Review by Tatum Stafford
Even as a young Australian, with limited knowledge of previous British Prime Ministers, ‘TONY!’ was an absolute delight, and a shining example of the UK’s thriving and hilarious creatives.
The show follows Tony’s life, from all the way from birth (yes, really) to his supposed death bed. Along the way, he encounters all the key players in his life, including other politicians, his wife Cherie, foreign leaders like Saddam Hussein and Princess Diana. The show endeavours to answer a few questions, like was Tony really as bad as he was portrayed by the media? Or did he make a few bad decisions along the way, like any other human would?
The cast of this show are top tier. Jack Whittle as Tony Blair is a revelation – there isn’t one moment he is on stage that you’ll catch him without a hilarious facial expression plastered on his face. His vocals and comic timing were perfect, and he was a captivating lead. I also loved supporting actors Martin Johnson and Howard Samuels, who played Neil Kinnock and Peter Mandelson, amongst a slew of other characters (Johnson’s George Bush was a crowd favourite and had a cracking song). Both were committed to the bit, and nailed their numerous comic beats.
Other standouts included Tori Burgess’ Cherie Blair, who was absolutely hilarious, Phil Sealey’s Gordon Brown, who nailed his characterisation, and Emma Jay Thomas’ Princess Diana, which was spot-on. The ‘People’s Princess’ number was fantastic. Kudos also to Rosie Strobel (John Prescott), Sally Cheng (Robin Cook) and William Hazel (onstage cover) for rounding out the ensemble with beautiful vocals.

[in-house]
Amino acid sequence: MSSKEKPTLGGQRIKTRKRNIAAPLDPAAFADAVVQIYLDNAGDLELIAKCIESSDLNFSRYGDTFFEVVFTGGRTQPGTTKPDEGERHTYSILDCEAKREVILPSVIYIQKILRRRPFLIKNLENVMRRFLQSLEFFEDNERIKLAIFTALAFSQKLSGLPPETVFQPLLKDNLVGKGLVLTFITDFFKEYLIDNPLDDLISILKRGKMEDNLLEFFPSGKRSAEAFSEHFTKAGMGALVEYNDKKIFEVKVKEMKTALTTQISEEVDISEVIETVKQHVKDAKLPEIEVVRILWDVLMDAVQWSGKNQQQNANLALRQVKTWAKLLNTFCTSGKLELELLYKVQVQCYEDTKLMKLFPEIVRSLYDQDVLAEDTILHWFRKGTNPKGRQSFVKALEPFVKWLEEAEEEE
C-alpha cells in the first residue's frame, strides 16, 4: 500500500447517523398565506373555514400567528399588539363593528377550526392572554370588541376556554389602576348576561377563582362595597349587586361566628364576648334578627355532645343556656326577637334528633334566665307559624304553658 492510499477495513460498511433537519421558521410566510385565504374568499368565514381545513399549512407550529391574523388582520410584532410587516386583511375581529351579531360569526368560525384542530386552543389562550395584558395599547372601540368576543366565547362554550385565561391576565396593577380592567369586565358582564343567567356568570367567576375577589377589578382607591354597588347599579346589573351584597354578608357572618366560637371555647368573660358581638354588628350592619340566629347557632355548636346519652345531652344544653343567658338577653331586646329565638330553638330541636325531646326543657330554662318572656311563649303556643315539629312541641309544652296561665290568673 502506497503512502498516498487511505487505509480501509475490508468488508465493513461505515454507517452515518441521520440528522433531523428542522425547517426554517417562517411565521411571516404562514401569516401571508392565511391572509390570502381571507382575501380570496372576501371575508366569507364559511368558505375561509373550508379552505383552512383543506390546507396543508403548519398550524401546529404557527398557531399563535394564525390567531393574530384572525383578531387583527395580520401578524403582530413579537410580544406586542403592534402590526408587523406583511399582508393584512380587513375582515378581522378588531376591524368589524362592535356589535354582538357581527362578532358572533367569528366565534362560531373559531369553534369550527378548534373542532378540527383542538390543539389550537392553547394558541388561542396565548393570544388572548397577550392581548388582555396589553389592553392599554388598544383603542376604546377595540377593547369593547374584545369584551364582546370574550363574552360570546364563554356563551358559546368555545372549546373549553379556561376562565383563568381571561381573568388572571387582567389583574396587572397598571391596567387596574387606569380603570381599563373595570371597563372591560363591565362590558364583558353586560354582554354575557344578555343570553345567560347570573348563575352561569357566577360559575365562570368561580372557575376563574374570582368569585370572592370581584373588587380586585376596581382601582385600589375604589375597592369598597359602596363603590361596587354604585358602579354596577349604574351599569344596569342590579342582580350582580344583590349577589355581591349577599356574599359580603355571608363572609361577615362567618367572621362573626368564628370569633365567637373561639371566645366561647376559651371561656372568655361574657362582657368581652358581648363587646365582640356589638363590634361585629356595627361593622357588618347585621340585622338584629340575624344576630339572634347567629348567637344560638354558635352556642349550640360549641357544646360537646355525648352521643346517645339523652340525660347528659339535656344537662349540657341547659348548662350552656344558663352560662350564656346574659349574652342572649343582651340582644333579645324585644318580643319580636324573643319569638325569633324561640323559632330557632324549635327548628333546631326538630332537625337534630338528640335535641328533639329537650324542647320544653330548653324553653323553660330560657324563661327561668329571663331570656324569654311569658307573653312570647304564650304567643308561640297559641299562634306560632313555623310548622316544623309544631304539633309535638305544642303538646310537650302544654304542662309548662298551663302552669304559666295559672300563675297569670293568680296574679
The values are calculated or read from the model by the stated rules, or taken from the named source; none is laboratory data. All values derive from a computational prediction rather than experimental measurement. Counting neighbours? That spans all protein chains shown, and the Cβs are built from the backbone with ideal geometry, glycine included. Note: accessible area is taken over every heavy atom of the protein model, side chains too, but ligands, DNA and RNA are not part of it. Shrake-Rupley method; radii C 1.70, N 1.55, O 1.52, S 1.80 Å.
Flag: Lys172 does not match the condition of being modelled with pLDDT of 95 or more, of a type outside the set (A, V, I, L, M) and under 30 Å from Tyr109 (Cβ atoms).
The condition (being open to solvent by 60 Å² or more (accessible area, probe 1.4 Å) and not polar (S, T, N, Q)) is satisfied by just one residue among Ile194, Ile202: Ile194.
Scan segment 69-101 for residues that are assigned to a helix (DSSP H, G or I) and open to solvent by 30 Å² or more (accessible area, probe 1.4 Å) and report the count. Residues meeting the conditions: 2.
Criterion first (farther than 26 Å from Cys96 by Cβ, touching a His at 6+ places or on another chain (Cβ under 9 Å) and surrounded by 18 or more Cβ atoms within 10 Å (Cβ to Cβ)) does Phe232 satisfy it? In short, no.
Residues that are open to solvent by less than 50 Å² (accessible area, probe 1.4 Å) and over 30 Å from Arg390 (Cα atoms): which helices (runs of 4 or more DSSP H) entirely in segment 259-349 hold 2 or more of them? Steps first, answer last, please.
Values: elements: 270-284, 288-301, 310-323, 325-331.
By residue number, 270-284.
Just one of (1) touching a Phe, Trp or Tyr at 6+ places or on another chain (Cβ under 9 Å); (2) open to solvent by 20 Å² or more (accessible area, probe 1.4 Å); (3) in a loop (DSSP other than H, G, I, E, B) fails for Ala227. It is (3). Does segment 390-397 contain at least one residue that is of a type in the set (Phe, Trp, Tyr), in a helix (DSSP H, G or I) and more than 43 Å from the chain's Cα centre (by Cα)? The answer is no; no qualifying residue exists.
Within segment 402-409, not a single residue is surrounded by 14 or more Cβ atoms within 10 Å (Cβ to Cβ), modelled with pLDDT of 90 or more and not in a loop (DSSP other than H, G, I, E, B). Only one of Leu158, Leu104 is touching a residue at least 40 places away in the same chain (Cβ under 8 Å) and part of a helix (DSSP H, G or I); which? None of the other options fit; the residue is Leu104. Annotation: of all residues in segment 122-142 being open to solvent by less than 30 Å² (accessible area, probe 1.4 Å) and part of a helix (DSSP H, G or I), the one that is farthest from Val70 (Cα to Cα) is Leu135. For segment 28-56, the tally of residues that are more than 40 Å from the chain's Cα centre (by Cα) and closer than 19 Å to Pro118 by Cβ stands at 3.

The script is hilariously sharp, and music is very catchy with witty lyrics abound. Writers Harry Hill and Steve Brown have created some magical moments, in particular, the closing song, which was my favourite in the whole show. Without spoiling it, you can expect some tongue-in-cheek references to other infamous leaders, and a cliffhanger moment that brought the whole show to a very memorable ending.
One of my favourite things about this production was its choreography, particular in its onstage sex scene (which perhaps elicited the most laughs from the audience in the entire show), and a boxing ring scene between Tony and Gordon. Props to Francesca Jayne’s choreography here, and also in dance numbers throughout, and to director Peter Rowe for creating such visually enjoying moments throughout.
The Pentland Theatre at the EICC is the perfect venue for this show, and I’m sure it will be chocked full of Fringe-goers by the time word gets out about how hilarious it is. Don’t miss out!